• An attempt at an audit within my own team shows about 30 different apps, websites and other services requiring logins/passwords. Now, I think we are past everything needing central IT support, however, the consumerisation of IT has undoubtedly led to a mess of SAAS and cloud platforms with resulting difficulties. As some point these will need to mapped out for clarity (if only for succession and handover purposes).
  4. Sorry, the world HAS changed
    • Millions of people are being exposed to a different way of living (the shock of which has surprised me – see my comment here) and much like when the men returned from the wars of the past we will find that many things will have changed. There will be many who expect more flexible work schedules, school children who find the remote experience more useful for their study (more focus, less bullies, etc.) and more. How organisations and educations systems respond will be very interesting.

Some of the positives though will include that many educators who previously avoided tech in their lives have now had to crack on and make do. Whilst their current experiences are no doubt often not based on good practice or the research it should at least be easier to push on with appropriate technology enhanced learning in the future.

The obligatory end of decade post

Well we’ve reached the year that many an organisation had set as the future – the year for ‘visions’ and forward planning – yep, it’s 2020 time. So with our ‘2020 vision’ hindsight here is a look back at the last decade – the 2010s:

My own decade

Looking back at 2010 it does make one feel a little better about life in that I, personally, have at least achieved a few things…

In terms of career moves I have followed perhaps an odd path but it has followed trends in technology, not least the rise of Web 2.0 in the mid to late 00s leading me into working on eLearning, LCMS and other more general L&D areas since.

(Learning) Technology

Brandon Hall actually recently had a webinar on LCMS platforms and there do remain arguments for them, at least in theory (see image below). I thought this was interesting given their ‘buzz’ certain seems to subsided (although 2020 will be a year where I do not make it to the Learning Tech show or BETT so I might be a little out of the loop).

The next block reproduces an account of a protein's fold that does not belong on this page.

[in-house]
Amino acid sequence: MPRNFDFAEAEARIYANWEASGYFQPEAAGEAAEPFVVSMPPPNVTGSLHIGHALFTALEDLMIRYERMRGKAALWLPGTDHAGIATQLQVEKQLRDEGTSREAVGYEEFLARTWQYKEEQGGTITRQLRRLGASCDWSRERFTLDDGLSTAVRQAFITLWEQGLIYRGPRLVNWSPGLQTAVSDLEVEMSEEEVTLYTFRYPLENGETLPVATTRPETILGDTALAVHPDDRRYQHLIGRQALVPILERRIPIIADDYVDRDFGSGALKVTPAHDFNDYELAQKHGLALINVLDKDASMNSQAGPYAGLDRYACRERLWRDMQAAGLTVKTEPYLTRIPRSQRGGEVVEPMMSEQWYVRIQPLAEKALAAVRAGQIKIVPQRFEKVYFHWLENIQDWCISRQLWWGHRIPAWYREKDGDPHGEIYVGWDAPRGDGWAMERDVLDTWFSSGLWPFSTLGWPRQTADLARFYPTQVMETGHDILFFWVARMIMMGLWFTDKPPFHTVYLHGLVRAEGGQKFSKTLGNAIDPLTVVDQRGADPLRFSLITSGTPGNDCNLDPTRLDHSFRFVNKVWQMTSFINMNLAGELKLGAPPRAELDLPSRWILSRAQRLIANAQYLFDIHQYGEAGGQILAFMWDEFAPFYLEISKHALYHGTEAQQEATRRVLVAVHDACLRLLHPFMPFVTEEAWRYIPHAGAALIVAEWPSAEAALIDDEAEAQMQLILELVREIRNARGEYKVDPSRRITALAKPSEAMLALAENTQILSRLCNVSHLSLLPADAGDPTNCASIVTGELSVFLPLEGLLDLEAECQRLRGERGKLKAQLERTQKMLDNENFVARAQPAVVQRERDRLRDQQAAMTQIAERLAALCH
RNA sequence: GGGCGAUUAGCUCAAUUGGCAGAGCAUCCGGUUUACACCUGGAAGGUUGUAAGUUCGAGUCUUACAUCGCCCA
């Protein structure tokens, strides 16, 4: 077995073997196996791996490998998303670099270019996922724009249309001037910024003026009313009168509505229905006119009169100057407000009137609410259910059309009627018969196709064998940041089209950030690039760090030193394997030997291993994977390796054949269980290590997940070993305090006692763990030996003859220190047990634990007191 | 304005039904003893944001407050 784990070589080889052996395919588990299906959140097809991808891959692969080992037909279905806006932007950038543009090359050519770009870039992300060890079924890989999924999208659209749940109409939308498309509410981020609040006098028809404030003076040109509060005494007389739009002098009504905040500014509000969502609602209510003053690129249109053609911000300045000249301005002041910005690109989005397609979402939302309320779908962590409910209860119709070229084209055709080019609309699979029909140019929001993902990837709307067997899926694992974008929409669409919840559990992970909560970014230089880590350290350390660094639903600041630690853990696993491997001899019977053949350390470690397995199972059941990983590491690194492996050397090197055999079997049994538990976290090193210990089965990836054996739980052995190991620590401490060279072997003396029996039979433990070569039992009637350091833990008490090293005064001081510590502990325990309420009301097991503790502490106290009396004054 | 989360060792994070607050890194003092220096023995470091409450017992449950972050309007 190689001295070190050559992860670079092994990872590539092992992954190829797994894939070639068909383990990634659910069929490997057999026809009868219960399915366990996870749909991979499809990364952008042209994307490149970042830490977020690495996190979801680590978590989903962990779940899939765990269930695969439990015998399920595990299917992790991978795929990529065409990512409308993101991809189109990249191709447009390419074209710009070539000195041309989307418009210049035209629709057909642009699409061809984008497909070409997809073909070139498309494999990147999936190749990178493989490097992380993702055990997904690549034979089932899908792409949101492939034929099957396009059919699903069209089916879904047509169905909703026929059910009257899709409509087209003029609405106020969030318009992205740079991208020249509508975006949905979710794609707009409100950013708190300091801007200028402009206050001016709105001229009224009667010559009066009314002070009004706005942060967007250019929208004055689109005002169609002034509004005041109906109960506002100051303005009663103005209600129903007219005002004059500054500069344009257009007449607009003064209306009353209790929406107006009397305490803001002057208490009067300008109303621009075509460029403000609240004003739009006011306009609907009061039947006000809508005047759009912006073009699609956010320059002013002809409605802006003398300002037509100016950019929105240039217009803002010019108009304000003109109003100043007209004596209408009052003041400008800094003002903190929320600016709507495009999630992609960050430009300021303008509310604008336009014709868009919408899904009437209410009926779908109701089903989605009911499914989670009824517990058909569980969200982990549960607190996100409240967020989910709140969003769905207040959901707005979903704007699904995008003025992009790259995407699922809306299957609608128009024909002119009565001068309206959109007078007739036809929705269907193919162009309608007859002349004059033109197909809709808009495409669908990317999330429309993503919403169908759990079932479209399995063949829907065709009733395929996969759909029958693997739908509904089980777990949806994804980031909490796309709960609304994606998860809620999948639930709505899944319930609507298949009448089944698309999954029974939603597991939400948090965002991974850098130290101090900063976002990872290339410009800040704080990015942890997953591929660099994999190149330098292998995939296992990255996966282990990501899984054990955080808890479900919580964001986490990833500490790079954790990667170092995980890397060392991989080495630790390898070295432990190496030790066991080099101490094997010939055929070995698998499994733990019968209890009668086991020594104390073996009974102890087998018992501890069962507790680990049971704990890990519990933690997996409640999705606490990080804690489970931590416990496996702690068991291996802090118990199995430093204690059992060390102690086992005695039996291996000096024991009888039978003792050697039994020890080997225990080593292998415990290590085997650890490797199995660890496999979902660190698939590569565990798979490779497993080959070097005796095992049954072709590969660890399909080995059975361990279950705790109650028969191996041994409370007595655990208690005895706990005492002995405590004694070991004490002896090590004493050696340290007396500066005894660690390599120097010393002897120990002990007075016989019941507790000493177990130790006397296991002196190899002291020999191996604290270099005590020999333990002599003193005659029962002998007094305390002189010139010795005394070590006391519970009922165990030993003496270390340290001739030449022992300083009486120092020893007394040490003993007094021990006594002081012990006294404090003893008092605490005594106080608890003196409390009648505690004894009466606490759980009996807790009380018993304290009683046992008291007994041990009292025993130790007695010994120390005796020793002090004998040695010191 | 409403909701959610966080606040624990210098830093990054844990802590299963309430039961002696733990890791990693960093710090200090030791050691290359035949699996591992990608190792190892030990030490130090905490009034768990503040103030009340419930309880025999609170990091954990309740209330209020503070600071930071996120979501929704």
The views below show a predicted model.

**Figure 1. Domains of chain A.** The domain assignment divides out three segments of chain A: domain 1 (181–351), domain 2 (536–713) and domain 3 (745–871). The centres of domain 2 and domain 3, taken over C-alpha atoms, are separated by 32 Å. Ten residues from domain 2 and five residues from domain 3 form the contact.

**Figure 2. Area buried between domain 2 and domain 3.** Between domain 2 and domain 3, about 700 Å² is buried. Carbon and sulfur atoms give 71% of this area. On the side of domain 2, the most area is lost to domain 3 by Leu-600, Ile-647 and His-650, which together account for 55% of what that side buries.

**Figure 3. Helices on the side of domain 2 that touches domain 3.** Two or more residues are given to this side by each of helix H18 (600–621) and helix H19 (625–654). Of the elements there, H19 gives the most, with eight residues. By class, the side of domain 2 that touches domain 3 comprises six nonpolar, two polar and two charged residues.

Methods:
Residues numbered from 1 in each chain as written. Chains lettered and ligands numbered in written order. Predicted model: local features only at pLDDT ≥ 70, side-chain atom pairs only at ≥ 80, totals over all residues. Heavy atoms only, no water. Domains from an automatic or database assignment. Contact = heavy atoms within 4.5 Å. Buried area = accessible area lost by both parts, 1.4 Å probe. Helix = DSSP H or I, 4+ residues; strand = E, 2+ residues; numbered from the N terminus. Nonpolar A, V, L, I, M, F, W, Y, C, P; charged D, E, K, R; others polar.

The case remains for an LCMS

Back in 2009 my primary tech focus at work was on the learning management system (LMS aka VLE) and BBWorld 09 remains the last time I went to the USA – although the 2010s brought plenty of travel to Canada and elsewhere. On the LMS front it is pretty depressing to recently see research and case study outcomes such as:

“the LMS implemented in the university is not being utilised to an optimum level”

Source: Implementing Adaptive e-Learning Conceptual Model: A Survey and Comparison with Open Source LMS (https://online-journals.org/index.php/i-jet/article/view/11030)

Yet more depressing in the above article is the ‘solution’ to the problem – namely to be “adaptive” by classifying “learners into three main categories, namely, visual learner, an auditory learner, and kinesthetic learner.” Maybe by 2030 such lingering love for learning styles will finally be debunked and gone?

As mentioned on the Practical Ed Tech Podcast’s 12th anniversary edition – this has perhaps been the decade of the device shift with varying obsessions shifting between:

netbook > tablet > Chromebook

Personally, whilst I loved my Windows XP touchscreen netbook at the start of the decade, ultimately a powerhouse PC/laptop is really still the tool to have. Whilst Chromebooks have probably not picked up as much outside the USA their online-first style is probably suited for the 5G world we are moving towards (even if fast broadband for all will not be happening in the UK without a Labour government). I would argue that the reality is that little has been achieved by the focus on the hardware side, albeit that tablets/iPads have allowed for early applications of AR, there’s been little transformation of learning via these routes. Instead media consumption is increasingly easy and of course can be leveraged for learning but also offer us huge distractions.

In workplace learning we have seen various ‘buzz’ topics such as mobile learning, Tin Can, AI and social learning. All in all, these have probably been worked into most organisation’s approaches to digital learning, to at least some degree, even if not necessarily by the organisation as the digital transformation of learning increasingly sees it democratised and moved into the learners control (in a similar way to what has happened with IT in general).